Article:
“I would have suggested that they divest their assets in joint ventures because at the end, they will still be getting taxes. They will get royalty and also get equity. That would be my preferred option than selling assets.
  
“I don’t know the people that are responsible for selling the assets. Even if they have to sell which I don’t support, it has to be through competitive bidding and some people should be excluded from bidding, especially if they have been in government. Selling to fund federal budget is an issue”, he added.
  
LCCI boss, Yusuf added that assets with little economic or social value to justify their continued retention by government are better sold, even at concessionary rates. 
  
He stated that such assets constitute a liability to the economy or add negative value to the economic worth of the state, adding that an asset with a negative value is worse than asset with zero value. 
  
With oil prices experiencing a rebound, both Yusuf and Iledare noted that oil price increase is not sustainable, as it is totally dependent of global economies, adding that the best way is to continue with the budget as it is and take the excess in the sales of crude oil to repay borrowed money.
  
“Some have become fertile platforms for corruption. Most of the assets constitute needless burden to the government and the citizens.  Some of the real estate properties have become a sanctuary for criminals”, Yusuf added.
 
To improve BPE efficiency, Yusuf argued for the decoupling of the entity from mainstream bureaucracy, saying that the BPE can do the job of privatising government assets if an appropriate structure is put in place to pave way for professional management of the privatization processes, while promoting a reasonable level of independence. 
 
On his part, another economist, Dr Mathew Ojo, emphasised the need for transparency in the privatisation process, especially in the sale and utilisation of proceeds.
   
“It is not news that some of these assets are being maintained at a huge cost and that is the concern that has made many economists to ask why keep preserving all these assets when you are incurring losses on them. Every asset has its own value and when proper valuation is done on an asset, you will get the close or exact value of that asset and that we are maintaining those assets as they are is because we know that there is a lot of mismanagement in the country.
  
“No matter how you value and what you value, let it be transparent. That is when people can judge whether we are getting the true value for those assets, but if it is sold to political cronies and friends, sold to enrich people in power; that is where the country and the economy will not benefit from this process and that is the fear of some of us that the sale of these assets if they are not transparent enough, will end up not yielding the purpose for which many economists have argued,” he added.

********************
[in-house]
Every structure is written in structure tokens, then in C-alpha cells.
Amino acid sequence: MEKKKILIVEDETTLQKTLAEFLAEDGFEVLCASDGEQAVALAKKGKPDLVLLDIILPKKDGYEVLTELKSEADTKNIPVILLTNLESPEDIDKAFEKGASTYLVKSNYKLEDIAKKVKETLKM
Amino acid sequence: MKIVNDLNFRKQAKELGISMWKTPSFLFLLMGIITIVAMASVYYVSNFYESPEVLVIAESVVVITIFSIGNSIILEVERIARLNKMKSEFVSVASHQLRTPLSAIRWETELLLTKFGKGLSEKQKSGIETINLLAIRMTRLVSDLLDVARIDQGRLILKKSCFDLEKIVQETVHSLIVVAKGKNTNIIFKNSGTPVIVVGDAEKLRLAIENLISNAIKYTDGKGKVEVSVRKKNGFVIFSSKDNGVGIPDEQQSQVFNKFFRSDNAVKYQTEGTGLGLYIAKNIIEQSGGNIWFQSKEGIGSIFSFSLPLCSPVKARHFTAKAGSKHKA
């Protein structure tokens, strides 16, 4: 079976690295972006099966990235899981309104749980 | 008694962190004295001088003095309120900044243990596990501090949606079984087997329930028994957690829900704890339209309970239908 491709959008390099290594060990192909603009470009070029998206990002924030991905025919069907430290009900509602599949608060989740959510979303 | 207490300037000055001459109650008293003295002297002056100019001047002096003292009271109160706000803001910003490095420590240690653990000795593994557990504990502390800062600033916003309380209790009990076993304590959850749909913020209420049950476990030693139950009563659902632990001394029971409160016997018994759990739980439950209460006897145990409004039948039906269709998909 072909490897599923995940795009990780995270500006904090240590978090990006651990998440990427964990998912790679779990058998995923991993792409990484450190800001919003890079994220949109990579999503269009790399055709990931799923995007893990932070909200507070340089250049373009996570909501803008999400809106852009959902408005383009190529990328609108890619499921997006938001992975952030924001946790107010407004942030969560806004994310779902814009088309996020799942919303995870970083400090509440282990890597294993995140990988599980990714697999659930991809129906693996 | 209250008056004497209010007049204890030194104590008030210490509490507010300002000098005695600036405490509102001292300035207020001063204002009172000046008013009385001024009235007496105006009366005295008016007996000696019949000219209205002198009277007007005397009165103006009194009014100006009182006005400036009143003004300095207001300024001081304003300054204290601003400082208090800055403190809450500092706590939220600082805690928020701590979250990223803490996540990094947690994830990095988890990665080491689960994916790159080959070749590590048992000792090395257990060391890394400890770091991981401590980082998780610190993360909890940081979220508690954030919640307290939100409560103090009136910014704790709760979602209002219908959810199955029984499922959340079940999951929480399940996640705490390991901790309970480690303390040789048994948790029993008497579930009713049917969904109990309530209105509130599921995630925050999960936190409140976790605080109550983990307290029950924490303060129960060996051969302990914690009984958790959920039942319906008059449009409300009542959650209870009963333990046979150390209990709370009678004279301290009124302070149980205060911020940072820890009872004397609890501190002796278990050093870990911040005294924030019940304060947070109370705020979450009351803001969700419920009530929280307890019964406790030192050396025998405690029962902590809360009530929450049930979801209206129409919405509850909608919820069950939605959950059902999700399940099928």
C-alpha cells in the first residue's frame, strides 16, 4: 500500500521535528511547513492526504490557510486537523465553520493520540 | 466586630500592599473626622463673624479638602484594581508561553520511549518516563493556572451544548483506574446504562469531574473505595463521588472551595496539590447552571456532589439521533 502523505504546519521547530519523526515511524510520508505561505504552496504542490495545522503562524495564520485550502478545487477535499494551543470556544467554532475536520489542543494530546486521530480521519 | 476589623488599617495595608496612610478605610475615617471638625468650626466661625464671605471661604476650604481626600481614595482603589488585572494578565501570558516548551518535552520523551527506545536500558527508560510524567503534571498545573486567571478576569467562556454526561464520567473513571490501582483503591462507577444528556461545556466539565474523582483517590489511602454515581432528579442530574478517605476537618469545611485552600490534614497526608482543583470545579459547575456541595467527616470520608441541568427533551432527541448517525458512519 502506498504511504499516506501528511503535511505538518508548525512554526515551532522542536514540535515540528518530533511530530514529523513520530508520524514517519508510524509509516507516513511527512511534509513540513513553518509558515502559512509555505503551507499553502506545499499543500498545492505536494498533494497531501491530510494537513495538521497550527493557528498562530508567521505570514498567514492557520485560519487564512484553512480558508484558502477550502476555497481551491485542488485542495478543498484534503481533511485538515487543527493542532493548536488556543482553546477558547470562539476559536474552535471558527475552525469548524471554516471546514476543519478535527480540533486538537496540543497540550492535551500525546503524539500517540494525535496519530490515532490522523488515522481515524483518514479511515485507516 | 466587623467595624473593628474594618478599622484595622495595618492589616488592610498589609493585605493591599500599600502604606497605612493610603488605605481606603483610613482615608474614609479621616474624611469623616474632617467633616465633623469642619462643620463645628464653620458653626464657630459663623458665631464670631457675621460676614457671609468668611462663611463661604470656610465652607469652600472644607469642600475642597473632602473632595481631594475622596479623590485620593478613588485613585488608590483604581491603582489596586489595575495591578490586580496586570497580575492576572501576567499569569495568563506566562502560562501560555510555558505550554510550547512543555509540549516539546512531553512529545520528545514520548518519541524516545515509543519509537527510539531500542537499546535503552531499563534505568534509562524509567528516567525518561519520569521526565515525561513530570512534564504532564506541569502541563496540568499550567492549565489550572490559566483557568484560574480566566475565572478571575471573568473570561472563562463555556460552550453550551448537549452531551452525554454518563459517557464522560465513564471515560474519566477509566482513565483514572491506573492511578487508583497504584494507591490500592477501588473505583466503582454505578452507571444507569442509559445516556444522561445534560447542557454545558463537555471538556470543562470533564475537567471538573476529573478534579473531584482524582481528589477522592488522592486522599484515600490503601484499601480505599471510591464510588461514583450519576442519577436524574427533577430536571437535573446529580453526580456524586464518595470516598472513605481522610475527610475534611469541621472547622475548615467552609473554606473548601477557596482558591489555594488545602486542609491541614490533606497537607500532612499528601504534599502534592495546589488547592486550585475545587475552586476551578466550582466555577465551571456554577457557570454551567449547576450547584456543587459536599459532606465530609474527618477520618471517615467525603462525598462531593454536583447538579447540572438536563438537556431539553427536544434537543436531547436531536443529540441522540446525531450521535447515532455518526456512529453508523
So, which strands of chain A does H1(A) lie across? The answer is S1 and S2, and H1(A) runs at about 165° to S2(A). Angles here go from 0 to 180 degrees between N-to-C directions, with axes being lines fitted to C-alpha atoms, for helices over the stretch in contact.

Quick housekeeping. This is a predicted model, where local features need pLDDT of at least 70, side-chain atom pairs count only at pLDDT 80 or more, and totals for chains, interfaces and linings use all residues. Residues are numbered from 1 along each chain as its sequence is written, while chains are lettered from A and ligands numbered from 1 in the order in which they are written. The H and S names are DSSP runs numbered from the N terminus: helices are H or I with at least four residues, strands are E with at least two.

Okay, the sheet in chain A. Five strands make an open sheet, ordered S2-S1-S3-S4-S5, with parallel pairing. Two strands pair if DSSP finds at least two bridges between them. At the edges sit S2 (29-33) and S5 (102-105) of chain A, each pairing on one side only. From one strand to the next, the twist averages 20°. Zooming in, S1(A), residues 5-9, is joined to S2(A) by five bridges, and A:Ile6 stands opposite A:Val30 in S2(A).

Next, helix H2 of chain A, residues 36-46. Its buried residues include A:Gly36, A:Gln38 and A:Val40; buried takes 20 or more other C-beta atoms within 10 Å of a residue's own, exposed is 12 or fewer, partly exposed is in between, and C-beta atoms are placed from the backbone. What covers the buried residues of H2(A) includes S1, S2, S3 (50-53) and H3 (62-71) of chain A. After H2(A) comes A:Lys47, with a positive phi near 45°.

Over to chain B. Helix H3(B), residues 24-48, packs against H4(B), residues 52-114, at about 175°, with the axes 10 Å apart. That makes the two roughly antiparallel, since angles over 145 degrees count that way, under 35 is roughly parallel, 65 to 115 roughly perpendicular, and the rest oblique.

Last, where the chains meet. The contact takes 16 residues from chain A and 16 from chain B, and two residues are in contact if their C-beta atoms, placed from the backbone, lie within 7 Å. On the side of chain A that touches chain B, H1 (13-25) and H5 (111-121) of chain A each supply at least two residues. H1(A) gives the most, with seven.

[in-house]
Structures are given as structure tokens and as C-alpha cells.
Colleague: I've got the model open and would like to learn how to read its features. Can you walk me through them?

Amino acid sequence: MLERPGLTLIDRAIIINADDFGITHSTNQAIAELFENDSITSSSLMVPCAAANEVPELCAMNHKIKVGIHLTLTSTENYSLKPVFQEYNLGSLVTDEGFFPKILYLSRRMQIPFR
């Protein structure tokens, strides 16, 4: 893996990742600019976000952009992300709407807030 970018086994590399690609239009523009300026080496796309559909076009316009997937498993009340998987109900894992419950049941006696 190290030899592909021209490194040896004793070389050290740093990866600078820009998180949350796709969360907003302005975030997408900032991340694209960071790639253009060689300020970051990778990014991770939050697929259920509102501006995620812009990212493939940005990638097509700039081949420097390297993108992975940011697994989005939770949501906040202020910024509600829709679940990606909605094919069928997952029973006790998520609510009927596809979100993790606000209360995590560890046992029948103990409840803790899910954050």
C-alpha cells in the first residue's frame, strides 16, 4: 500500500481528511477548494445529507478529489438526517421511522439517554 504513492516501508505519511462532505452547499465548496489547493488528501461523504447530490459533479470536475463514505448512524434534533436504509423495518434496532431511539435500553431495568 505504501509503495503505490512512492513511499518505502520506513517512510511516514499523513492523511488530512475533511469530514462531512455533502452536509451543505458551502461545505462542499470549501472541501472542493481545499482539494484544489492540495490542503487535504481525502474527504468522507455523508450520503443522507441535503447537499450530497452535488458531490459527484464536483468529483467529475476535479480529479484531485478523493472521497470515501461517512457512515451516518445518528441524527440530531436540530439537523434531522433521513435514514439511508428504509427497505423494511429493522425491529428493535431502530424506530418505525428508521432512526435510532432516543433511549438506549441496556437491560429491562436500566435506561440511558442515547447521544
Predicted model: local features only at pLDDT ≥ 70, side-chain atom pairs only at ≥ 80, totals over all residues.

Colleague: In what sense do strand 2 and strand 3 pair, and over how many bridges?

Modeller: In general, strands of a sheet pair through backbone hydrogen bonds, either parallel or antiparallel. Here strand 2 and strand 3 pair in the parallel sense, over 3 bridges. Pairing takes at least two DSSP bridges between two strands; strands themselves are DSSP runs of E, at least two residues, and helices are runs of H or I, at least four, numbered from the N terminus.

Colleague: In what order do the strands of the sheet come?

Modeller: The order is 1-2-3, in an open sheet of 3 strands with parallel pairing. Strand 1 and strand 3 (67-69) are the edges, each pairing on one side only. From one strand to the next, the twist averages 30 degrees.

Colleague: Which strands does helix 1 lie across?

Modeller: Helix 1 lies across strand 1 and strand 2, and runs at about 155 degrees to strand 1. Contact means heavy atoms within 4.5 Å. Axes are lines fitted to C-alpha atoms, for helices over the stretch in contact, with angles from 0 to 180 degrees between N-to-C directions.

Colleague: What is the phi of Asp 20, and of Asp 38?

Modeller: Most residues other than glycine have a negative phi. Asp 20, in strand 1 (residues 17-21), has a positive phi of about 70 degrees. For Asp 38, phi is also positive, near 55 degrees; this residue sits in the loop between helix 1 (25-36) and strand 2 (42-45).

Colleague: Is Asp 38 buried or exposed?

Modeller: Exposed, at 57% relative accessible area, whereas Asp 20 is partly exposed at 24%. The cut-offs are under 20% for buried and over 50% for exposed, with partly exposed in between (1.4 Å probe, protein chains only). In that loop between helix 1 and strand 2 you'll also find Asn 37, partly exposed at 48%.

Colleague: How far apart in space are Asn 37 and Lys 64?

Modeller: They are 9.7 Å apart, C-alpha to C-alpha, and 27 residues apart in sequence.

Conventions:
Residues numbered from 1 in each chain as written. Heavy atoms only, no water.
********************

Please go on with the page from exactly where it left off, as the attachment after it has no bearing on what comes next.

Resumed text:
Speaking on the issues, founder and Principal Partner at Nextier, Patrick Okigbo noted that it is not late for the country to sell or concession the nation’s refineries, 

Okigbo said: “15 years later, we are back to this idea.  President Obasanjo concluded plans for the sale before he left.  The Yar’Adua government reversed the sale.  We are back to the idea – 15 years later.  I guess it is never too late to start.”

Former Chairman of the Society of Petroleum Engineers, Joseph Nwakwue, said it was better to hold a minority equity of 49 per cent while 51 per cent should be sold to core investor group that would have technical and financial capacity to revamp and run the refineries.  

“That to me will address the concerns of both proponents of resource nationalism and free markets,” Nwakwue insisted. According to him, there is no hope that a Nigerian state owned entity could operate any commercial venture successfully. He said Nigeria’s state owned firms don’t have any record in profitably running commercial entities, adding, “the refineries can only be profitably run by private sector.”

Program Coordinator – Nigeria Natural Resource Charter, Tengi George-Ikoli noted that being a cost centre, which continues to take significant revenues from Nigeria’s coffers without providing commensurate benefits to the country, adopting a model that would make the country benefit from the assets instead of continually losing was necessary.

“The NNPC audit and monthly reports confirmed this as it reported the losses across the refineries,” Gorge-Okoli said while calling for a framework used in the running of the NLNG. She stressed the need to allow private ownership of the assets, but with a stake in the running to benefit from the effective commercial decisions that are taken.

“Any arrangement that allows Nigeria to earn rather than lose from retaining ownership and control of the refineries is long overdue,” she added. A Professor of Economics at the Babcock University, Segun Ajibola noted that the only option left for the government to stop the wastes and leakages that the refineries have constituted is to either fully privatise or sell them off altogether.
Ajibola said: “Refinery business should not be a loss-making business. And with the likes of Dangote refinery coming on board, the battle line for fierce competition is drawn. I would rather favour an outright sale of the local refineries to put them in a position where they can compete with other refineries locally and abroad.”

He disclosed that the expectations of the proponents of the establishment of local refineries in the 1970s included the refining of crude oil to finished petroleum products such as PMS, AGO, DPK, LPFO and their derivatives to meet local demand and for export. 
To him, such expectations remained a mirage close to fifty years after, as the three major refineries have been bogged down by incessant breakdowns, inefficient and ineffective management, poor accountability among others. 
“It will be the better if the Nigerian government completely takes its hands off the refinery business,” Ajibola said.